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Sony Patent Suggests DLSS-Like Machine Learning Could Be Used On PS5 Games

xStoyax

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A new Sony patent suggests that a technique similar to Nvidia’s DLSS sampling could be used on PS5 games to improve the resolution of games using AI learning.

The patent, which was spotted by a Reddit user, describes the technique as the following:


An information processing device for acquiring a plurality of reference images obtained by imaging an object that is to be reproduced, acquiring a plurality of converted images obtained by enlarging or shrinking each of the plurality of reference images, executing machine learning using a plurality of images to be learned, as teaching data, that include the plurality of converted images, and generating pre-learned data that is used for generating a reproduction image that represents the appearance of the object.
DLSS stands for Deep Learning Super Sampling and it is an AI-powered technique that can give lower resolution visuals the impression that they are at a higher resolution. For example, most DLSS 2.0 technology looks better than 4K and the Unreal Engine 5 demo used these sampling techniques to make it look like a higher resolution than the 1440p it was running in.

This makes a lot of sense for the PS5 and allows you to use processing power elsewhere whilst still upping the visuals of your game. On top of that, this will make the PS5 more efficient as it will be able to work smarter and use its power in better ways rather than just being the more powerful machine.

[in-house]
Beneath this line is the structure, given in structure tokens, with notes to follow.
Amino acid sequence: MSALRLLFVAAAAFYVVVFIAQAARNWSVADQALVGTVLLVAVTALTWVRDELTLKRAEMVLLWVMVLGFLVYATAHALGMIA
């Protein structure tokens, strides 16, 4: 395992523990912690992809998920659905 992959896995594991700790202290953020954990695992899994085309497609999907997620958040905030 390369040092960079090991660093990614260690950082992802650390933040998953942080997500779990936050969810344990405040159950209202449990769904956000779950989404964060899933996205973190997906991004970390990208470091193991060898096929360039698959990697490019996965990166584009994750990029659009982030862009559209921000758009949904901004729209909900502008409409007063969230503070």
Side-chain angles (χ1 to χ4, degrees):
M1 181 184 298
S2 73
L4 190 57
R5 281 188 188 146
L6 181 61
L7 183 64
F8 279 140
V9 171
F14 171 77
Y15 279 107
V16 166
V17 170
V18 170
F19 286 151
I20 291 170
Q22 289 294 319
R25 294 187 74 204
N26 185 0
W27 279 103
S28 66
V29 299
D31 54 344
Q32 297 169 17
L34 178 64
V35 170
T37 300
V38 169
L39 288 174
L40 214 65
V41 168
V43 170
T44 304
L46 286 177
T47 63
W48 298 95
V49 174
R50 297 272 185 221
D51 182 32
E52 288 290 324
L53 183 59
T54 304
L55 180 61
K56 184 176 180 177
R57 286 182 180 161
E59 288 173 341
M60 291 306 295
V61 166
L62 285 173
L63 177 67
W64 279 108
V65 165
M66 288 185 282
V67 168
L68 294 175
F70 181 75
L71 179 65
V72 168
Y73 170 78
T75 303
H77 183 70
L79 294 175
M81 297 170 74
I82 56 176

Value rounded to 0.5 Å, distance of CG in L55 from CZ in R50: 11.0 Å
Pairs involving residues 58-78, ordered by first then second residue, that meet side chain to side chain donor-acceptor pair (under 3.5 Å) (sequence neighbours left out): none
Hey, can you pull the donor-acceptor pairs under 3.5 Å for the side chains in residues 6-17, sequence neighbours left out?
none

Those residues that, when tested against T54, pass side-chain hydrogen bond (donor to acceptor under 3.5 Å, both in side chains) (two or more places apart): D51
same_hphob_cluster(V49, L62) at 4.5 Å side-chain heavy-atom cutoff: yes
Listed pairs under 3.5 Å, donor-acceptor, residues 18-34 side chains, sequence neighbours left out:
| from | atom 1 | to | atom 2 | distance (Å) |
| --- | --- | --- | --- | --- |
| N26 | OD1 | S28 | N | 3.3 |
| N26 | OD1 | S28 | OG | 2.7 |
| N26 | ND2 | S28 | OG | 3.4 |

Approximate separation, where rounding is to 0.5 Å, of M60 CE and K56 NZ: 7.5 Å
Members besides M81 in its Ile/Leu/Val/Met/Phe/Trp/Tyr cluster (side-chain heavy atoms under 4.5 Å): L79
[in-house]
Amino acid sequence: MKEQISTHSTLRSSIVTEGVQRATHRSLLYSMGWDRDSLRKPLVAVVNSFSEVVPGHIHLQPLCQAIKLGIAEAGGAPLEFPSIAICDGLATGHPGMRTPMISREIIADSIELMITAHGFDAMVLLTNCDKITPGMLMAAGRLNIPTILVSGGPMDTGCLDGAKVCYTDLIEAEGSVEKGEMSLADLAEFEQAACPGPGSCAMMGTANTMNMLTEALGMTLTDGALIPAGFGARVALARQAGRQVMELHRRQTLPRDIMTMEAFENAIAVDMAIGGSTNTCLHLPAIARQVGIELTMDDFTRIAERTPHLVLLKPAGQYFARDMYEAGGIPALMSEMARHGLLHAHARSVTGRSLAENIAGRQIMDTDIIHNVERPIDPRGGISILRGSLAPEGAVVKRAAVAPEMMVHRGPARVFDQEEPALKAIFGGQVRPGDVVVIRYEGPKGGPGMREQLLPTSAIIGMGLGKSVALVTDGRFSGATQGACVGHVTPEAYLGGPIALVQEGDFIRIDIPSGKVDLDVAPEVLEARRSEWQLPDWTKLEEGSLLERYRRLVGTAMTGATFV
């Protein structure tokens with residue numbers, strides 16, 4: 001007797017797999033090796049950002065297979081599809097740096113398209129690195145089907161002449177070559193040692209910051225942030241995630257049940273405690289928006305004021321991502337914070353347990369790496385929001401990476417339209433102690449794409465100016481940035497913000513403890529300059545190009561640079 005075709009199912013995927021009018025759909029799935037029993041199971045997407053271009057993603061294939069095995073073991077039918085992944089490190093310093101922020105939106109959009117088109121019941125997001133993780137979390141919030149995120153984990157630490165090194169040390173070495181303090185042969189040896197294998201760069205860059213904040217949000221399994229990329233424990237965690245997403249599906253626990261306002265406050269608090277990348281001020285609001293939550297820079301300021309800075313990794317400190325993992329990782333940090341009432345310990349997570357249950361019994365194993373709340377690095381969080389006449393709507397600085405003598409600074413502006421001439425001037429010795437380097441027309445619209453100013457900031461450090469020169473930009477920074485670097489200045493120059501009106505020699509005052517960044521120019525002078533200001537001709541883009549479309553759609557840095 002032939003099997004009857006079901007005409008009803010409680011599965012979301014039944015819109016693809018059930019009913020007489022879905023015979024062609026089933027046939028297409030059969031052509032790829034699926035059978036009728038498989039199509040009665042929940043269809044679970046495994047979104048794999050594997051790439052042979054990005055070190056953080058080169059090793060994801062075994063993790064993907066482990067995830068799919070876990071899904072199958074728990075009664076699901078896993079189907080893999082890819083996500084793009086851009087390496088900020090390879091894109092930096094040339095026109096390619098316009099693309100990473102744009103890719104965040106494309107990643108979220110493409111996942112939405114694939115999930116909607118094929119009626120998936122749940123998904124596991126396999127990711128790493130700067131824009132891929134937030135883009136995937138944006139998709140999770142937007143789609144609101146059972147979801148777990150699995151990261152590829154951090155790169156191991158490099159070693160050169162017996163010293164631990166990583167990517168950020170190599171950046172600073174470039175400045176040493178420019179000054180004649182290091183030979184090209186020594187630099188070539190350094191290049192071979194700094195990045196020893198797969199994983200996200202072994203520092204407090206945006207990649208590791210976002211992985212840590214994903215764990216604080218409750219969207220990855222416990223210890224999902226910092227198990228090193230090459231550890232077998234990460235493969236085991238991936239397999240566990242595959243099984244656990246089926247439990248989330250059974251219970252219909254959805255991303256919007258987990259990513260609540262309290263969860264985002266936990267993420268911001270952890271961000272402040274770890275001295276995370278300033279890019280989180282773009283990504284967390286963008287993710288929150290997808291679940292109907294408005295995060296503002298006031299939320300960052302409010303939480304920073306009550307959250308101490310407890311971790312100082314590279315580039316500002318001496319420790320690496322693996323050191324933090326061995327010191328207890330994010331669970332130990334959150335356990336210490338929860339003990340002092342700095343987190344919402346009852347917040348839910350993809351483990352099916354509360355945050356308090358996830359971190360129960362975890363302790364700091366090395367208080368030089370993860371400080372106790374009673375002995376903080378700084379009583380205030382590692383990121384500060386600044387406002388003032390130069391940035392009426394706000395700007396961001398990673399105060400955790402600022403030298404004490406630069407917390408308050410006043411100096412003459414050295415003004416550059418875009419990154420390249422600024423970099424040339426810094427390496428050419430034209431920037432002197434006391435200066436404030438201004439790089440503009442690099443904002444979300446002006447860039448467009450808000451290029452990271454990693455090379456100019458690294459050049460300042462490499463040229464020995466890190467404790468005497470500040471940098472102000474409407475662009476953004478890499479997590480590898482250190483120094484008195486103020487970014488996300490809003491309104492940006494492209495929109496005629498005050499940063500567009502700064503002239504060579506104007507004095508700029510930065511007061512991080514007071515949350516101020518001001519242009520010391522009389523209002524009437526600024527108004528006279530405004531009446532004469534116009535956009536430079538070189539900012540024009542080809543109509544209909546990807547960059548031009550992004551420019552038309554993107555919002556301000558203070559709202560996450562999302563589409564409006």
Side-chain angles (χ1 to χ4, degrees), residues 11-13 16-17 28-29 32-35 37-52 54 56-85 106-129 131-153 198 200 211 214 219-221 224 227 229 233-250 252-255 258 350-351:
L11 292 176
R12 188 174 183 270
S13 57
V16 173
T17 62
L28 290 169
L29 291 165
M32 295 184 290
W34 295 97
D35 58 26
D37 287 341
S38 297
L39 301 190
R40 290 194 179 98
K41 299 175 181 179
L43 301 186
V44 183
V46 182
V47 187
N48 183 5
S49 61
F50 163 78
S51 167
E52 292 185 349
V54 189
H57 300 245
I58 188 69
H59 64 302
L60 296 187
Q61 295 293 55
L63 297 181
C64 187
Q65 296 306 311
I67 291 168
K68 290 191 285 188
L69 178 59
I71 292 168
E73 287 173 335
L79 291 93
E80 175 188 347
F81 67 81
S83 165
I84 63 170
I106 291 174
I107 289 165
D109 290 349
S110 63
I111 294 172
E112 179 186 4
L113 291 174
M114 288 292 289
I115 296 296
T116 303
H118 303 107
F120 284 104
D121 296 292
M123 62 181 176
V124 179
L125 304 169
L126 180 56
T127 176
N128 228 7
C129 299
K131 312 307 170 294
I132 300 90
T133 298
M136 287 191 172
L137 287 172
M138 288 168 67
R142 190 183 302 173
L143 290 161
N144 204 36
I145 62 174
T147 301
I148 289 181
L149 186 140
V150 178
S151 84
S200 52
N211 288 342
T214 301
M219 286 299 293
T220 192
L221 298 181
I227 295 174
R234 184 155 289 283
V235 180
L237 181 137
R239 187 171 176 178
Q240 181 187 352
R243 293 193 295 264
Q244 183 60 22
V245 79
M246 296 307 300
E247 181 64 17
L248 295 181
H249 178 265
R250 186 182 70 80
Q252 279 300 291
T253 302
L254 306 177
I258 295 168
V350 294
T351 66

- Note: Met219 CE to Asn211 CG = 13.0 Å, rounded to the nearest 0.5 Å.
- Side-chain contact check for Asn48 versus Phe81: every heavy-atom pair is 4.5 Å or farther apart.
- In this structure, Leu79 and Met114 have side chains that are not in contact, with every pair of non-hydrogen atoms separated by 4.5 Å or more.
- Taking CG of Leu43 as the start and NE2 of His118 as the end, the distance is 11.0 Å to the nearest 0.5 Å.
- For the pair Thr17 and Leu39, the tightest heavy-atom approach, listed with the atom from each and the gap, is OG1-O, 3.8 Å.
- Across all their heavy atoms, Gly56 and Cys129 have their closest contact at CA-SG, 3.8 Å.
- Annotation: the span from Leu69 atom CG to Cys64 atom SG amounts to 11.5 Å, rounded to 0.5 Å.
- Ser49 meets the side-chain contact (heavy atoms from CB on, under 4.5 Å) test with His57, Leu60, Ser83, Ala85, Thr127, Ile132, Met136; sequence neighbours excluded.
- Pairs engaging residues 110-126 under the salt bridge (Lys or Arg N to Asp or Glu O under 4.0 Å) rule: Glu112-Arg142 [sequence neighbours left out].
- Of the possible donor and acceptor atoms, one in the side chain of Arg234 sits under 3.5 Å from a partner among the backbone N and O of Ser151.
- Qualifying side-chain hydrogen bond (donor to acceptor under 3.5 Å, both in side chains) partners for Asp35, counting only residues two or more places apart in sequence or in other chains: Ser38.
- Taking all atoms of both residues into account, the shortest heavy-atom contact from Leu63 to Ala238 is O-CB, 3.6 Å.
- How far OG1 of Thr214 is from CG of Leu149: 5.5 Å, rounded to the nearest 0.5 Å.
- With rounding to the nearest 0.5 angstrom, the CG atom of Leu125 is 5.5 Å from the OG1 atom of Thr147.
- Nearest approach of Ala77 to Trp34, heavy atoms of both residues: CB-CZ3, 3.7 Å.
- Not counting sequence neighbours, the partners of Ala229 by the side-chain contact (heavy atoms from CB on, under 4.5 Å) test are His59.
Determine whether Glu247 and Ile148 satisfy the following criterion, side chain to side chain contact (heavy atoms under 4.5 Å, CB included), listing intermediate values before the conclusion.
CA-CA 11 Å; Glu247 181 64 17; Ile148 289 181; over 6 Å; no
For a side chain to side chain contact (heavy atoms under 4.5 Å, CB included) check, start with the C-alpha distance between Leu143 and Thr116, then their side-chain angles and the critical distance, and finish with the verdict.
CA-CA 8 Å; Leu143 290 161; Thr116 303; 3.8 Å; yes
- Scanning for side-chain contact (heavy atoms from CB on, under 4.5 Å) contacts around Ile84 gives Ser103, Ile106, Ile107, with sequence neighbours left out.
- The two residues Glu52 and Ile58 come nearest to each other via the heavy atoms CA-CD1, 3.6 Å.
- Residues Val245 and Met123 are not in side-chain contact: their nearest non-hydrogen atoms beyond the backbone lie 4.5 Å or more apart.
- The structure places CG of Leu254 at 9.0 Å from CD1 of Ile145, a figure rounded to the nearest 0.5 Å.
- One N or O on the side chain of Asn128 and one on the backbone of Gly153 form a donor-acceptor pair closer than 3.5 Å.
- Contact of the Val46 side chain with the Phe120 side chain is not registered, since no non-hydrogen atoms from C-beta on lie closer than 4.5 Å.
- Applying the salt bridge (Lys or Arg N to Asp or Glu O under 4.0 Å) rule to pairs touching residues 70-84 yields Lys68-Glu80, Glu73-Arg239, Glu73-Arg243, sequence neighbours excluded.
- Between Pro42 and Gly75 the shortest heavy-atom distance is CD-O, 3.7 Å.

DLSS is a Nvidia owned piece of technology, which seems to suggest that Sony and AMD have collaborated to create their own version of the technique that will be able to run on the hardware in the PS5.

 

MH3M3D

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So Sony improved their checkerboarding tech for PS5.

Shocking.

Nope, checkerboarding and DLSS are technically completely different methods of achieving the same thing.

DLSS invents new pixels based on prior training, so it knows what's missing and fills it in. Checkerboard doesn't invent new pixels, when it has low confidence it interpolates based on nearby pixels.
 
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Dnice1

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The patent describes a device.
An information processing device for acquiring a plurality of reference images obtained by imaging an object that is to be reproduced, acquiring a plurality of converted images obtained by enlarging or shrinking each of the plurality of reference images

Skimming through the PDF there is some pictures of a camera like the device looking at a person. Looks like motion capture or something because there is also a picture of skeletal frame model.
 
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IntentionalPun